The invention is intended to avoid the disadvantages of previous systems, in particular by very noticeably reducing the vibrations transmitted to the service chamber and originating from a turbomolecular pump, whether this pump is assembled suspended from its enclosure or is assembled “floating”, while preventing the need for a plurality of bellows placed one after the other.
Thus, the objective is to limit vibrations by means of a single damping bellows with a particular structure, which is simultaneously able to withstand the rotation stresses incurred on the sudden and accidental deceleration of the turbomolecular pump requiring the dissipating of a large amount of energy.
The main idea behind the invention is to create a single-stage bellows that effectively dampens vibrations, thanks to an axial damping elastomer sleeve similar to the usual configuration, but also combined with damping elements engaged between the bellows' successive plys according to its outer face. The hardness of the damping elements is appropriate to the damping sought.
The invention therefore proposes a vacuum line damping adapter insertable in a suction duct between a service chamber and a vacuum pump, the adapter consisting of a tubular duct wall in the form of a bellows flexible at both ends and surrounded by a damping sleeve supported on both ends of the flexible bellows; the flexible bellows' plys receive a passive damping elastomer, engaged between said plys, on their outer faces.
With an equal inner diameter, the single bellow's inner space is therefore not as long as a traditional structure with two or several bellows, which improves the pumping speed while reducing the vibrations transmitted to a degree equivalent to that of a traditional assembly with two standard elements.
According to one advantageous approach, the passive damping elastomer engaged between the bellows' plys is joined to the damping sleeve.
In practice, the passive damping elastomer may advantageously be of a piece with the damping sleeve.
A structure producing satisfactory results consists of the damping elastomer, between two successive plys of the flexible bellows, having the form of a circular crown when at rest, whose inner diameter is radially apart from the flexible bellows.
The possible use of a pump casing directly incorporating the mounting of a specific bellows flange described allows the further optimization of the pump's flow rate performance while minimizing the overall length of the suction duct.
According to another advantageous approach, anti-rotation clevis' may also be used around the bellows, that are fitted with elastomer bearing pads and surround the enclosure flange when the pump is in normal use without coming into contact with the securing dogs. These diametrally opposed clevis', which are joined to the pump's securing flange, are blocked in their rotation by the enclosure flange's securing dogs and allow the withstanding of any rotation stresses on the sudden and accidental deceleration of the turbomolecular pump. This avoids the need for a mechanical mounting dampened in relation to the equipment's frame.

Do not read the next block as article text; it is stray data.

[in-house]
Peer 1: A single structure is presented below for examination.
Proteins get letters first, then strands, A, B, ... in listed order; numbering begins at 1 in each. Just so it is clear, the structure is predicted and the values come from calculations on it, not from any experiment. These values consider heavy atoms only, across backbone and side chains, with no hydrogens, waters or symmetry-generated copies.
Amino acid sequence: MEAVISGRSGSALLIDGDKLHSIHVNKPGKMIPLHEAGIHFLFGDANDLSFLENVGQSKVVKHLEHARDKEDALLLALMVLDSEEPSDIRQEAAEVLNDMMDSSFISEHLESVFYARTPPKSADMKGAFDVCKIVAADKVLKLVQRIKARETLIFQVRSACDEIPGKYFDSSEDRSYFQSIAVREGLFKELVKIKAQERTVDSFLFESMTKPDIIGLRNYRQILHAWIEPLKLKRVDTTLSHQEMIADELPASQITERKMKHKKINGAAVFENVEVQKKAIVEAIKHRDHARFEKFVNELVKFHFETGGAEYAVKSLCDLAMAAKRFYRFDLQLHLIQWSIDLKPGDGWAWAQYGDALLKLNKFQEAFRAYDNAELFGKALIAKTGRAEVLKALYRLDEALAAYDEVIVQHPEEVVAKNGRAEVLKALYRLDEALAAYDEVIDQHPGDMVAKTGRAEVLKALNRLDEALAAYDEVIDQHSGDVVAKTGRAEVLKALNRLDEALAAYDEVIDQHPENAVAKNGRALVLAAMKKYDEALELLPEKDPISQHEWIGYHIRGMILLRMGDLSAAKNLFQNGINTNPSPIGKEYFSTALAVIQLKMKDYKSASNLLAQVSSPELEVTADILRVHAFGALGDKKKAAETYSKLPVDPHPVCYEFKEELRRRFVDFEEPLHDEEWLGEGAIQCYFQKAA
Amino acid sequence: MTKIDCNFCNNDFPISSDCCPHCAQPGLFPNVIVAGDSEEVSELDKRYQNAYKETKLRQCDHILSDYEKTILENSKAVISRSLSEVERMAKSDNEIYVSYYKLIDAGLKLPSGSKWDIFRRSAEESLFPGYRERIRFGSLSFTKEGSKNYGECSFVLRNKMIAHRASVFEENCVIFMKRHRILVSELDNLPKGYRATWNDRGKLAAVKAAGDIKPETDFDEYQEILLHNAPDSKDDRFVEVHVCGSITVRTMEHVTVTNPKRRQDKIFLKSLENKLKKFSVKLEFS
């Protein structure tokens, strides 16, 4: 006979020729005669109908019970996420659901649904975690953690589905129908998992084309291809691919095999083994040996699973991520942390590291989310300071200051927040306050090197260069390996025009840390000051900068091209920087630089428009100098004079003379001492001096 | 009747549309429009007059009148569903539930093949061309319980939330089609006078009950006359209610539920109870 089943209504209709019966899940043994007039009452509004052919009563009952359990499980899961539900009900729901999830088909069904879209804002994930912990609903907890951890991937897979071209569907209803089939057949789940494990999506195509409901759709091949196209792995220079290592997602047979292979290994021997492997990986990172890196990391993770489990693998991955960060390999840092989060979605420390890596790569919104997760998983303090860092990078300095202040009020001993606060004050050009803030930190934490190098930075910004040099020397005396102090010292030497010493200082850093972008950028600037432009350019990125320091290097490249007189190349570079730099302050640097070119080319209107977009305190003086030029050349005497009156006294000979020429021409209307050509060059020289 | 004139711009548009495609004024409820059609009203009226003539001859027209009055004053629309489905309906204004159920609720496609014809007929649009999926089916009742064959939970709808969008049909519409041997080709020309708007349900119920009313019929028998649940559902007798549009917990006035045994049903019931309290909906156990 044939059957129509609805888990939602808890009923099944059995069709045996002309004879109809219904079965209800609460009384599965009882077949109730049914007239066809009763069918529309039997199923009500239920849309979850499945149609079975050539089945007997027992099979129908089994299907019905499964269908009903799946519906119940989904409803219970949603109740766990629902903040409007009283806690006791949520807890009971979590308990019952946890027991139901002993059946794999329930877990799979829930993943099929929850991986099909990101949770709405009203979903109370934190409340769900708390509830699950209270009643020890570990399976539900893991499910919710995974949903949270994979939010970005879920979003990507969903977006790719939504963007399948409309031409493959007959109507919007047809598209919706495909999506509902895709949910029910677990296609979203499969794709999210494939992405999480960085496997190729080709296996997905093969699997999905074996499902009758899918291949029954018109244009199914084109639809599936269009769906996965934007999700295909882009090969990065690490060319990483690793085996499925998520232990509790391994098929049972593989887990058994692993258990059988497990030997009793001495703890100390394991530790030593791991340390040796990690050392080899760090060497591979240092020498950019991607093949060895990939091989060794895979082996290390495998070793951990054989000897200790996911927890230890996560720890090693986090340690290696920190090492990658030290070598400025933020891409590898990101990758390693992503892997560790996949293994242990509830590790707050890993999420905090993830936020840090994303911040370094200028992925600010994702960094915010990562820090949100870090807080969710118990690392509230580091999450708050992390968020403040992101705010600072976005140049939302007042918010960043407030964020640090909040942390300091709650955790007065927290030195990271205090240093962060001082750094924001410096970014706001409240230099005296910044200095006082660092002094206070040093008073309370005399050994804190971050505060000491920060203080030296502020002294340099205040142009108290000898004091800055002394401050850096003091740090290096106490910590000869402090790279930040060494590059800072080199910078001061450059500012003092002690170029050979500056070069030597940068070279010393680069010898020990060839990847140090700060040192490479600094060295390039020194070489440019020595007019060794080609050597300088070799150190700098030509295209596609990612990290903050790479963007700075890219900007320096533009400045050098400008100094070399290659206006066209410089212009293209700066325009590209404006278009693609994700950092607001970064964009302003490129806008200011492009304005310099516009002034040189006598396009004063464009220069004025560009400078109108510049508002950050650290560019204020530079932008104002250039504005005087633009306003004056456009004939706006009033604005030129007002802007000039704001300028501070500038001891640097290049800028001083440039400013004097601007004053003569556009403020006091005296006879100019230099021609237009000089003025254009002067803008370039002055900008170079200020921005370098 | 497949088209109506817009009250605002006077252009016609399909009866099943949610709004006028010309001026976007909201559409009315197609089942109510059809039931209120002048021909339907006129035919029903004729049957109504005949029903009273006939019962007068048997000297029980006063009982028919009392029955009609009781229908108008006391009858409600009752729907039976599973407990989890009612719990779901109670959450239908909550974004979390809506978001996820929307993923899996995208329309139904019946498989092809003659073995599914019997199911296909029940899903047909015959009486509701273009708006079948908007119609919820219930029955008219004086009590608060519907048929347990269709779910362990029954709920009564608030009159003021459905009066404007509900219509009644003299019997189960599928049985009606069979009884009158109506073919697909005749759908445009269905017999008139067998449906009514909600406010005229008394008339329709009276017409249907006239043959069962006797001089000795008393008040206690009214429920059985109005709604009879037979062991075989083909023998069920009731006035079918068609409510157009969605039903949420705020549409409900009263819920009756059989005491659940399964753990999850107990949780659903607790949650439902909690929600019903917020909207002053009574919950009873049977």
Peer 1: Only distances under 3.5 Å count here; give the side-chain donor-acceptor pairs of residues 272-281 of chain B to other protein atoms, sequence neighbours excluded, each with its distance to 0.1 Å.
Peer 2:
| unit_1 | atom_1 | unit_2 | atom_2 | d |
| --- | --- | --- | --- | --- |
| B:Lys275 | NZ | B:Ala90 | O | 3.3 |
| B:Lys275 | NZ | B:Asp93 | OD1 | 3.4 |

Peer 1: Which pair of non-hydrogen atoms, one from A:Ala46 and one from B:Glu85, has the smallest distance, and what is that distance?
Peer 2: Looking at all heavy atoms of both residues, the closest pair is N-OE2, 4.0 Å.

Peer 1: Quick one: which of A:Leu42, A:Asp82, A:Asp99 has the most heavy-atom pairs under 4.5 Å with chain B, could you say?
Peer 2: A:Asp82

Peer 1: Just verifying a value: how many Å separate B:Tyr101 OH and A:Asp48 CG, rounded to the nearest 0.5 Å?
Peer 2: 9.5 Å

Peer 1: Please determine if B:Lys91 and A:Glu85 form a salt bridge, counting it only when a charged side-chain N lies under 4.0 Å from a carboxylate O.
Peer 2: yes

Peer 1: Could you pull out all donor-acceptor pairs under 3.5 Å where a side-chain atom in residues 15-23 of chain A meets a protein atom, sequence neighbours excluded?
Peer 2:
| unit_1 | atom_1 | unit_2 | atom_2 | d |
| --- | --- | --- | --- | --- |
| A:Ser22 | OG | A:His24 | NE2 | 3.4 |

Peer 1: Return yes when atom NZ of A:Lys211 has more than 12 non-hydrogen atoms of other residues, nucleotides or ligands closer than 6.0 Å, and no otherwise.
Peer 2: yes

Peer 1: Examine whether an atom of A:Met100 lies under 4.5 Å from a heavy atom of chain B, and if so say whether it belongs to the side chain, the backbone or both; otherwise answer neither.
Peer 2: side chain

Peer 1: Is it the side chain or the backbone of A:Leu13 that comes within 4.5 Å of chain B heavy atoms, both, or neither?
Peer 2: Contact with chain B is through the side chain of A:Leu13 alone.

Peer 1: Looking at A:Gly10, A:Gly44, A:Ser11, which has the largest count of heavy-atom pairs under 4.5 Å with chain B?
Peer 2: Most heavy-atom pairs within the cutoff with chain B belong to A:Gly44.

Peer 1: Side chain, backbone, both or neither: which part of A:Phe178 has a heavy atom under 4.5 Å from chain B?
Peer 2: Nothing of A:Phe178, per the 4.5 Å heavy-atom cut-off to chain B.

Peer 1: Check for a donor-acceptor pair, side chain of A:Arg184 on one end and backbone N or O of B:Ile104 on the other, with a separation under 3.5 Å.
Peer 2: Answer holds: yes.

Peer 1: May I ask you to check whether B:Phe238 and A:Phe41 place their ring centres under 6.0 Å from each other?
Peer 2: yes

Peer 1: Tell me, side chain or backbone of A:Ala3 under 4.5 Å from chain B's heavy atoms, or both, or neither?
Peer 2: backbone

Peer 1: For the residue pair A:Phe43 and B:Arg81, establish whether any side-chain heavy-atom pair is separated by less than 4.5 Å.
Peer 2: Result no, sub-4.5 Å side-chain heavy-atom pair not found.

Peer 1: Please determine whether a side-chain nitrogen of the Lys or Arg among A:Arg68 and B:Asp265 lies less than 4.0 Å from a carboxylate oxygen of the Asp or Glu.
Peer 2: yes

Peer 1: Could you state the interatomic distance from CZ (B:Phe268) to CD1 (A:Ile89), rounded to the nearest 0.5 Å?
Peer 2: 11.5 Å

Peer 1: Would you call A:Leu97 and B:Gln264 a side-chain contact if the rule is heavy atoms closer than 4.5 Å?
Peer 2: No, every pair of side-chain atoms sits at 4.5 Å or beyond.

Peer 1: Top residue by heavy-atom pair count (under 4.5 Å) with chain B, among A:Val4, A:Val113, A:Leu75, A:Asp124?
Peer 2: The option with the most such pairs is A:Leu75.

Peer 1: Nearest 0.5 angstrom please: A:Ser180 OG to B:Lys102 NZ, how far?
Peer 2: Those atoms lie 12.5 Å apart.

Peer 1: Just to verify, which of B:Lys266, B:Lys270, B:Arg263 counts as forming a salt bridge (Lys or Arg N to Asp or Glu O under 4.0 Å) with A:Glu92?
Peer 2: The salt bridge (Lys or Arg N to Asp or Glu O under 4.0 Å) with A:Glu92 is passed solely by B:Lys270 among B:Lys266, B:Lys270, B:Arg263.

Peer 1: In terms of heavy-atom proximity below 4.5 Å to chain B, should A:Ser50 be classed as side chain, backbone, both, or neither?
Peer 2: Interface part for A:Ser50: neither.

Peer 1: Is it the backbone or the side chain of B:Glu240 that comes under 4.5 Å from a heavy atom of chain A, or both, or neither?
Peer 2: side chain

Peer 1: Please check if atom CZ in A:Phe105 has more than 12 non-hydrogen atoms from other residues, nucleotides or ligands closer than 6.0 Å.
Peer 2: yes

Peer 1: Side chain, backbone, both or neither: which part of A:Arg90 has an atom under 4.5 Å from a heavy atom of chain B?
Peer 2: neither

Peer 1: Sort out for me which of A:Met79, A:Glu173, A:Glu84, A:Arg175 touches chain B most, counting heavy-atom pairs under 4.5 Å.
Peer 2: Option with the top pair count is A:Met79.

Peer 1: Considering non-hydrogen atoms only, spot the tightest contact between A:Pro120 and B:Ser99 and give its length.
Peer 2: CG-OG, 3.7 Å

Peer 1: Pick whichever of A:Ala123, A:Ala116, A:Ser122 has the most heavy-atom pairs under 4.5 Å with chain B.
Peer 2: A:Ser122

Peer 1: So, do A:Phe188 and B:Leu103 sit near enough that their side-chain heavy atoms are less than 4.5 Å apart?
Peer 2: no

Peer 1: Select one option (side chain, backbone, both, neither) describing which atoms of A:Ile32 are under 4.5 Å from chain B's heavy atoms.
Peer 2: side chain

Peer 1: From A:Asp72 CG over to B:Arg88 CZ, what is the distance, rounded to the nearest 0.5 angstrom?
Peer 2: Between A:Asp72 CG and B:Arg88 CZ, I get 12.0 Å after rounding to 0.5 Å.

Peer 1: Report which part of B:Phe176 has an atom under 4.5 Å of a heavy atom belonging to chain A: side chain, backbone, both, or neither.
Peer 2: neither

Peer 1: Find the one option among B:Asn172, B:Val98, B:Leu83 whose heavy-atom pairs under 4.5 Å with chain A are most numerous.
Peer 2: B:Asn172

In normal operation, there is a low amount of pressure inside the bellows and the plys are therefore compressed. However, in the presence of atmospheric pressure inside the bellows, it returns to its initial relaxed position. The suspending of a mass such as that of a pump from this duct element may cause the expanding of the plys beyond this position of equilibrium. To limit this expansion, a traction stop device may be secured to the flanges inside the duct. This device opposes the axial extending of the bellows beyond a determined value. In the presence of a low internal pressure, the stops' contact is disconnected and prevents the transmitting of vibrations.
The new bellows structure also allows the use of a small diameter, low mass turbomolecular pump, which may be inserted in whole or in part inside a bellows of an equivalent size. This further reduces the duct's length, which is favorable for improving the pump's pumping speed. The overall axial dimensions and the overall volume of the device are therefore reduced.
In the case of a cantilevered assembly, a specific retaining element secured to the enclosure flange elastically retains the suspended mass.
Other objectives, properties and advantages of the present invention will be explained in the following description of specific approaches, made in reference to the figures attached, of which:
In the approach illustrated in
The damping adapter 3 basically consists of an inlet annular flange 4 and an outlet annular flange 5 that are coaxial and connected to each other by a thin multi-ply coaxial tubular wall 6 intended to conduct the pumped gases from the service chamber 2 to vacuum pump 1.